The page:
Can Packaging Give Your Food a Health Halo?

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Photo by: Jordan Siemens

Jordan Siemens

We all try our best to eat healthy and buy nutritious food for our families. But the amount of information, misinformation and just plain marketing speak we’re hit with every trip to the grocery store can make goal hard to achieve. “Many foods contain front of package nutrient claims that make you think you are eating a healthy food,” says Alissa Rumsey M.S., R.D., author of Three Steps to a Healthier You. “This so-called ‘health halo’ often causes people to overeat foods they think are healthy.”

A recent study, published in the Journal of Business Research, supports this theory. Researchers presented two different foods (a cookie and a granola bite) in two different packaging options (an unportioned bag or a bag that contained several individually packaged single-serving packs) to a group of 171 students. What they found is that the granola bites had a powerful health halo that that cookies did not — and that affected how much the students ate. So when faced with a full, unportioned bag of granola bites, the students ate substantially more of them than they did of the cookies.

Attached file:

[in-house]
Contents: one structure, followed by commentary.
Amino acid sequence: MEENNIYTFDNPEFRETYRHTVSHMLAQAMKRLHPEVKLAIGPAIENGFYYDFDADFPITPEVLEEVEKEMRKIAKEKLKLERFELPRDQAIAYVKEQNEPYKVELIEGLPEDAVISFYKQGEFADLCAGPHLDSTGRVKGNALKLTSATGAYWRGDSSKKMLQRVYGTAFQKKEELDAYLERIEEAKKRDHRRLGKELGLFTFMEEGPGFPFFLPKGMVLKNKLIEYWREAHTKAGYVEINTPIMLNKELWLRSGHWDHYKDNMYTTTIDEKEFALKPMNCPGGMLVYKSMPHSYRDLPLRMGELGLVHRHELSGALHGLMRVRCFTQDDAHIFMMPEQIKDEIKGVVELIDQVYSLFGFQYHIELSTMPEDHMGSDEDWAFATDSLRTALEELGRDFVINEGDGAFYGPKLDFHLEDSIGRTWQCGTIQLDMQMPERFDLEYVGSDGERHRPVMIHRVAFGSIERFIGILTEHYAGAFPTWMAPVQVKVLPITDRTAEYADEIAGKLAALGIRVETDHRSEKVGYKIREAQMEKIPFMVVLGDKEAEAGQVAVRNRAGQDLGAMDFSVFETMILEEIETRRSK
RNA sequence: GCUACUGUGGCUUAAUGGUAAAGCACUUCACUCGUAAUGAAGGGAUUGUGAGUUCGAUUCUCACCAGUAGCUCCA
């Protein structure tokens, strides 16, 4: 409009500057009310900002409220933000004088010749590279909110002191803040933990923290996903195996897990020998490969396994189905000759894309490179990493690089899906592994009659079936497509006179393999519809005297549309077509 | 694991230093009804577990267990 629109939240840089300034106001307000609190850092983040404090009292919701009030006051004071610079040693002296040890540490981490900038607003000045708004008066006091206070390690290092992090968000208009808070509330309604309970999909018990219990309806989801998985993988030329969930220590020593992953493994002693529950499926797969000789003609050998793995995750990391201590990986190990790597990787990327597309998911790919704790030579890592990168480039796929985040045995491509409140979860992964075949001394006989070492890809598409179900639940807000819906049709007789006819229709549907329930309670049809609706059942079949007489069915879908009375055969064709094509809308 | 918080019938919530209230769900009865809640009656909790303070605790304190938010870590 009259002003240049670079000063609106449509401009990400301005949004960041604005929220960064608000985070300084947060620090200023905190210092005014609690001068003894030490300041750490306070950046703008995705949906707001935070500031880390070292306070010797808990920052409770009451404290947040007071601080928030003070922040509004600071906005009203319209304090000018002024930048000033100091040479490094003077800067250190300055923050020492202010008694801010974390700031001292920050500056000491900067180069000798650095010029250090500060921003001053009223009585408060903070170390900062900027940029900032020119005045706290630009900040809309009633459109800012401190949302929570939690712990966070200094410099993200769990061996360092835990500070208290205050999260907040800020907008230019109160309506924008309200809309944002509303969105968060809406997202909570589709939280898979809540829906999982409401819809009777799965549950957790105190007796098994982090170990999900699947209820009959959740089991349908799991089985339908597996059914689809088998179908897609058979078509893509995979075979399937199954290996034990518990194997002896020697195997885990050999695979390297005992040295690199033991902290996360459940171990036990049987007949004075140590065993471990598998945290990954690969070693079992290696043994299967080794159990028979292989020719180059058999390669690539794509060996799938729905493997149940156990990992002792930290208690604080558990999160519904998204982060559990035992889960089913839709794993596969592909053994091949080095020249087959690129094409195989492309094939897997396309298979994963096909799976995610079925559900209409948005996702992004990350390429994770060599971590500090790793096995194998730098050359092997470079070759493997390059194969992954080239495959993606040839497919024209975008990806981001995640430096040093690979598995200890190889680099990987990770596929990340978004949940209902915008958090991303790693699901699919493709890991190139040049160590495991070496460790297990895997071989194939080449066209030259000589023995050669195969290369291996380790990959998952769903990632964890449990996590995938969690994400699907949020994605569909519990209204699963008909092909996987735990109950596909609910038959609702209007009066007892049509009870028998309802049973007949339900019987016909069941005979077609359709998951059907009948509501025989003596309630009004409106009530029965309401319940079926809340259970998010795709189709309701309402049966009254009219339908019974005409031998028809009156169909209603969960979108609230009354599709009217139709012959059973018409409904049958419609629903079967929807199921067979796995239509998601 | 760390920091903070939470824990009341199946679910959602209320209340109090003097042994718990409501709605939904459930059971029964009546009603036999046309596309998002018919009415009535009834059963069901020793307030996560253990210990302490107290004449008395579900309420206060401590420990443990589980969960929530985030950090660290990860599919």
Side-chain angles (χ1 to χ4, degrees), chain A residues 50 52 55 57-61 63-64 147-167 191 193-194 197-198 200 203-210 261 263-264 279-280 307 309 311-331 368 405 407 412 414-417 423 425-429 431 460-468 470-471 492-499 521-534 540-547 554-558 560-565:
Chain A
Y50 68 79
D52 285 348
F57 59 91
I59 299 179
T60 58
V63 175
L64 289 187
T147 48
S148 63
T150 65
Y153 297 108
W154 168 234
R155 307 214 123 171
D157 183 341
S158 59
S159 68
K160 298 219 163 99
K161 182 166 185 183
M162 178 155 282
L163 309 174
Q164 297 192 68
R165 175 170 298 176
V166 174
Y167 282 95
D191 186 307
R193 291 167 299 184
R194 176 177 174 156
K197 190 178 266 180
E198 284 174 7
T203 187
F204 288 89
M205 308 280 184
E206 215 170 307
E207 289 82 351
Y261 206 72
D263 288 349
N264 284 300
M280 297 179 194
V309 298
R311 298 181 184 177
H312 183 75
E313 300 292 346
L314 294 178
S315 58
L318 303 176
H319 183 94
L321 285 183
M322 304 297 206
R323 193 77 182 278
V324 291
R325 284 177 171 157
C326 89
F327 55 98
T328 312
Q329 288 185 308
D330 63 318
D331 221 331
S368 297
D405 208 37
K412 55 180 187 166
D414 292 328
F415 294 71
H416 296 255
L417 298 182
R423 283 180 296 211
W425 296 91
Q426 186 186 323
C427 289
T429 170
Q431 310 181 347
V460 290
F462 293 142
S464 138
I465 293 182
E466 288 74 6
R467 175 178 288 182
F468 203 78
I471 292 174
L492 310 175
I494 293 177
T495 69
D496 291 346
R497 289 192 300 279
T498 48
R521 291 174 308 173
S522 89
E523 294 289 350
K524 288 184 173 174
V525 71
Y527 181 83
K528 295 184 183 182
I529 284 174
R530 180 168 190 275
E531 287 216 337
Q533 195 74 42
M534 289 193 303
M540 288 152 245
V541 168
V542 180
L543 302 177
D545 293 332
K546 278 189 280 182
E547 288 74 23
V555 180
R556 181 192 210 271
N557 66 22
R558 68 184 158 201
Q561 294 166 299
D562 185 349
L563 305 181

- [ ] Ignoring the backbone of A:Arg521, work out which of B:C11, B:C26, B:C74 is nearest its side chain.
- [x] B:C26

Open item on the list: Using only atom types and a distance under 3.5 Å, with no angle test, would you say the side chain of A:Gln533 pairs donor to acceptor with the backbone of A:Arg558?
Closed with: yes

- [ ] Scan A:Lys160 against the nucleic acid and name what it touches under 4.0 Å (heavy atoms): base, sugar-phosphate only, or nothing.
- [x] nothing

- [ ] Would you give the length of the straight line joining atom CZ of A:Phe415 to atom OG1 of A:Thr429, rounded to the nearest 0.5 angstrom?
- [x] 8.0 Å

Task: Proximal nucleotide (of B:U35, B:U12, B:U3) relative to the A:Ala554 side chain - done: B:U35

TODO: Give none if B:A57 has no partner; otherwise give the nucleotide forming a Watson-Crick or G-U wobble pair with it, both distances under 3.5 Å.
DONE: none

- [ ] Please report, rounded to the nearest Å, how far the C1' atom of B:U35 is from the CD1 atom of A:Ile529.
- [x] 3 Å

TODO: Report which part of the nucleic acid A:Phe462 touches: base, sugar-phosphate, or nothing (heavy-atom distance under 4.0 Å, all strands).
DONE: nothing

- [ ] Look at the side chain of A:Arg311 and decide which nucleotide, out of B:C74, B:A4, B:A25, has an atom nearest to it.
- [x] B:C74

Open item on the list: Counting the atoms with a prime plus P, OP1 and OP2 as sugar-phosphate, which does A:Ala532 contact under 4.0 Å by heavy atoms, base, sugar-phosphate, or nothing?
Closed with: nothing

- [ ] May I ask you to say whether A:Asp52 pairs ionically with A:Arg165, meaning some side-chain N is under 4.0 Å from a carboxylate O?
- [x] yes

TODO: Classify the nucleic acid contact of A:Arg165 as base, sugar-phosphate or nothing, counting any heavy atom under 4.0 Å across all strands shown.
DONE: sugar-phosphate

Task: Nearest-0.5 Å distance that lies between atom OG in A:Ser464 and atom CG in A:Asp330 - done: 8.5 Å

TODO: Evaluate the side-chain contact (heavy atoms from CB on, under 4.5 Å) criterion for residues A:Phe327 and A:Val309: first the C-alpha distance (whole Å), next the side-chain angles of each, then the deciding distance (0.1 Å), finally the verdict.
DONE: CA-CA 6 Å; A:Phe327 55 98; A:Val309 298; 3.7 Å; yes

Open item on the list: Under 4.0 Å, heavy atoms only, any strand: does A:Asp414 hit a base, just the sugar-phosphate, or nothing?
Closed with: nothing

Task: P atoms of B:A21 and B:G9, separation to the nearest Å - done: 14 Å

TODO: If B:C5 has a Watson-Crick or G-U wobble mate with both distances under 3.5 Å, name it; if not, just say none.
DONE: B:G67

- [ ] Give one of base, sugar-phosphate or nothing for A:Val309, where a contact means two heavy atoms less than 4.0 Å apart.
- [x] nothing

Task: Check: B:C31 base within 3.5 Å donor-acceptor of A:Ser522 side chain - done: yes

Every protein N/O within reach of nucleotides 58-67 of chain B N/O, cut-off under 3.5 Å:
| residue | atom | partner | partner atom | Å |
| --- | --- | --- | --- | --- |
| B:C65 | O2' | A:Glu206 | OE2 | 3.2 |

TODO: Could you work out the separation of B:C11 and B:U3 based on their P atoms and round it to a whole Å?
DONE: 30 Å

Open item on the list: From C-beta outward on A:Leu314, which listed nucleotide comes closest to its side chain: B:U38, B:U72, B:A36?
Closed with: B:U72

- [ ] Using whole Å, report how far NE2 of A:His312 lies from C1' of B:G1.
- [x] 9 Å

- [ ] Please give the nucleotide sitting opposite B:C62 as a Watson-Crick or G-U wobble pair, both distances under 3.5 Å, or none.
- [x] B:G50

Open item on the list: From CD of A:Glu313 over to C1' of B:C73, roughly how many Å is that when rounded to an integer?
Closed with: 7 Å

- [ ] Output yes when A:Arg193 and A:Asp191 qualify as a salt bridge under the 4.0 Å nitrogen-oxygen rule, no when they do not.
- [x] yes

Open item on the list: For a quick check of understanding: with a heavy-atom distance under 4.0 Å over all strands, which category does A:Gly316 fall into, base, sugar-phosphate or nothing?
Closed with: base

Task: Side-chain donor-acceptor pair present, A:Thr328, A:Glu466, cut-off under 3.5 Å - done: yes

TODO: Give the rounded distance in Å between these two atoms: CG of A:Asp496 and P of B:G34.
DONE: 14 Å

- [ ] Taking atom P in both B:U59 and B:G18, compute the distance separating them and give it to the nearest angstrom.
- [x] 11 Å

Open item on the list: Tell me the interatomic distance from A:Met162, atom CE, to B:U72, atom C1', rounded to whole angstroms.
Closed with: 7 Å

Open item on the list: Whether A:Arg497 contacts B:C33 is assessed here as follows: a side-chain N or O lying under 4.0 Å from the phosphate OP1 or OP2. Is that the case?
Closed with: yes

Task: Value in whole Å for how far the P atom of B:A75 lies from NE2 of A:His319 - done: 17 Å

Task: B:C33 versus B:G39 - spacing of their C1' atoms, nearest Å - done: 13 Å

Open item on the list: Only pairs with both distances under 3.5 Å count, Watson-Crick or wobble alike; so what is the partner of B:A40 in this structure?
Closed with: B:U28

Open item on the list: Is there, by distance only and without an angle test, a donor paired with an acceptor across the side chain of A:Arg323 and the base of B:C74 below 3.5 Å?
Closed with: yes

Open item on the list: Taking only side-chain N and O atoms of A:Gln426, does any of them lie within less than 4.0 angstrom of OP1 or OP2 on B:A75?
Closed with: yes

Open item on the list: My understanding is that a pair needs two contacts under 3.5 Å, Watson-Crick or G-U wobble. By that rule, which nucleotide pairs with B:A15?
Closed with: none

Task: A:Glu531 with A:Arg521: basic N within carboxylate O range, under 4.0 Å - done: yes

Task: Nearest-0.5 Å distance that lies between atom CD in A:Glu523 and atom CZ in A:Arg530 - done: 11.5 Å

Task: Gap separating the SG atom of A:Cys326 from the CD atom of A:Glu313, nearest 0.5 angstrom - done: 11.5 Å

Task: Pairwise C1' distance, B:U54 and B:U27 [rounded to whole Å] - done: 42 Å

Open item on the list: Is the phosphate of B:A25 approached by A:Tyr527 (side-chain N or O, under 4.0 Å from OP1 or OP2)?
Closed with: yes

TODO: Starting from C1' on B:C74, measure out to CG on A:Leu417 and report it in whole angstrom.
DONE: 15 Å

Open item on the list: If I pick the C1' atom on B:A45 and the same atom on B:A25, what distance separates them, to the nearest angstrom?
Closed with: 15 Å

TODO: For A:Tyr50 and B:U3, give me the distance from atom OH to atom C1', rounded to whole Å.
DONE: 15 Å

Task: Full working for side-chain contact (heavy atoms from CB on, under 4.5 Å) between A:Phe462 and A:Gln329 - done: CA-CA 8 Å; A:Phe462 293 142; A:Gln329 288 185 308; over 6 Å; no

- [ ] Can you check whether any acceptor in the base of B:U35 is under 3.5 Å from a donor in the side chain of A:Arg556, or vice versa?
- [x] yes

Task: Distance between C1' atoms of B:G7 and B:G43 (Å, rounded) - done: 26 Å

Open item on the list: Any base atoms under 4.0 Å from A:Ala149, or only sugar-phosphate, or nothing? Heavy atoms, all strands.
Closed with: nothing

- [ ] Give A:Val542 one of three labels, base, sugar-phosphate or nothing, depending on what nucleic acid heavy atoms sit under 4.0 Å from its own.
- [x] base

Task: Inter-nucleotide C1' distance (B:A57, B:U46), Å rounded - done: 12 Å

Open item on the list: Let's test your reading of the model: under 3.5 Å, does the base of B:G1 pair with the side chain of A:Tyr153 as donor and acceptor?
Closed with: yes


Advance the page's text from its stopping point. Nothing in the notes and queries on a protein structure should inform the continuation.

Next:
“They perceived the granola to be a healthier snack alternative and chose to eat more of it,” explains Myla Bui, associate professor of marketing, Loyola Marymount University, and lead author of the study. “Consumers are paying less attention to nutrition information and serving sizes and relying instead more on preconceived notions regarding a food’s healthfulness.”

Interestingly, the participants said they would eat about the same amount of cookies or granola bites if eating them from the individually portioned packages. So if you are worried about intake of even seemingly healthy (but in the case of the granola, high in calories and fat) snacks, portion-control servings are the way to go. “For foods that are easy to over-consume, never eat them directly out of a large bag,” advises Rumsey. “Make your own portion-controlled packages by putting a single serving into plastic snack bags or reusable containers.”

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Sally Wadyka is a Boulder, Colorado-based journalist who writes about nutrition, health and wellness.

*This article was written and/or reviewed by an independent registered dietitian nutritionist.

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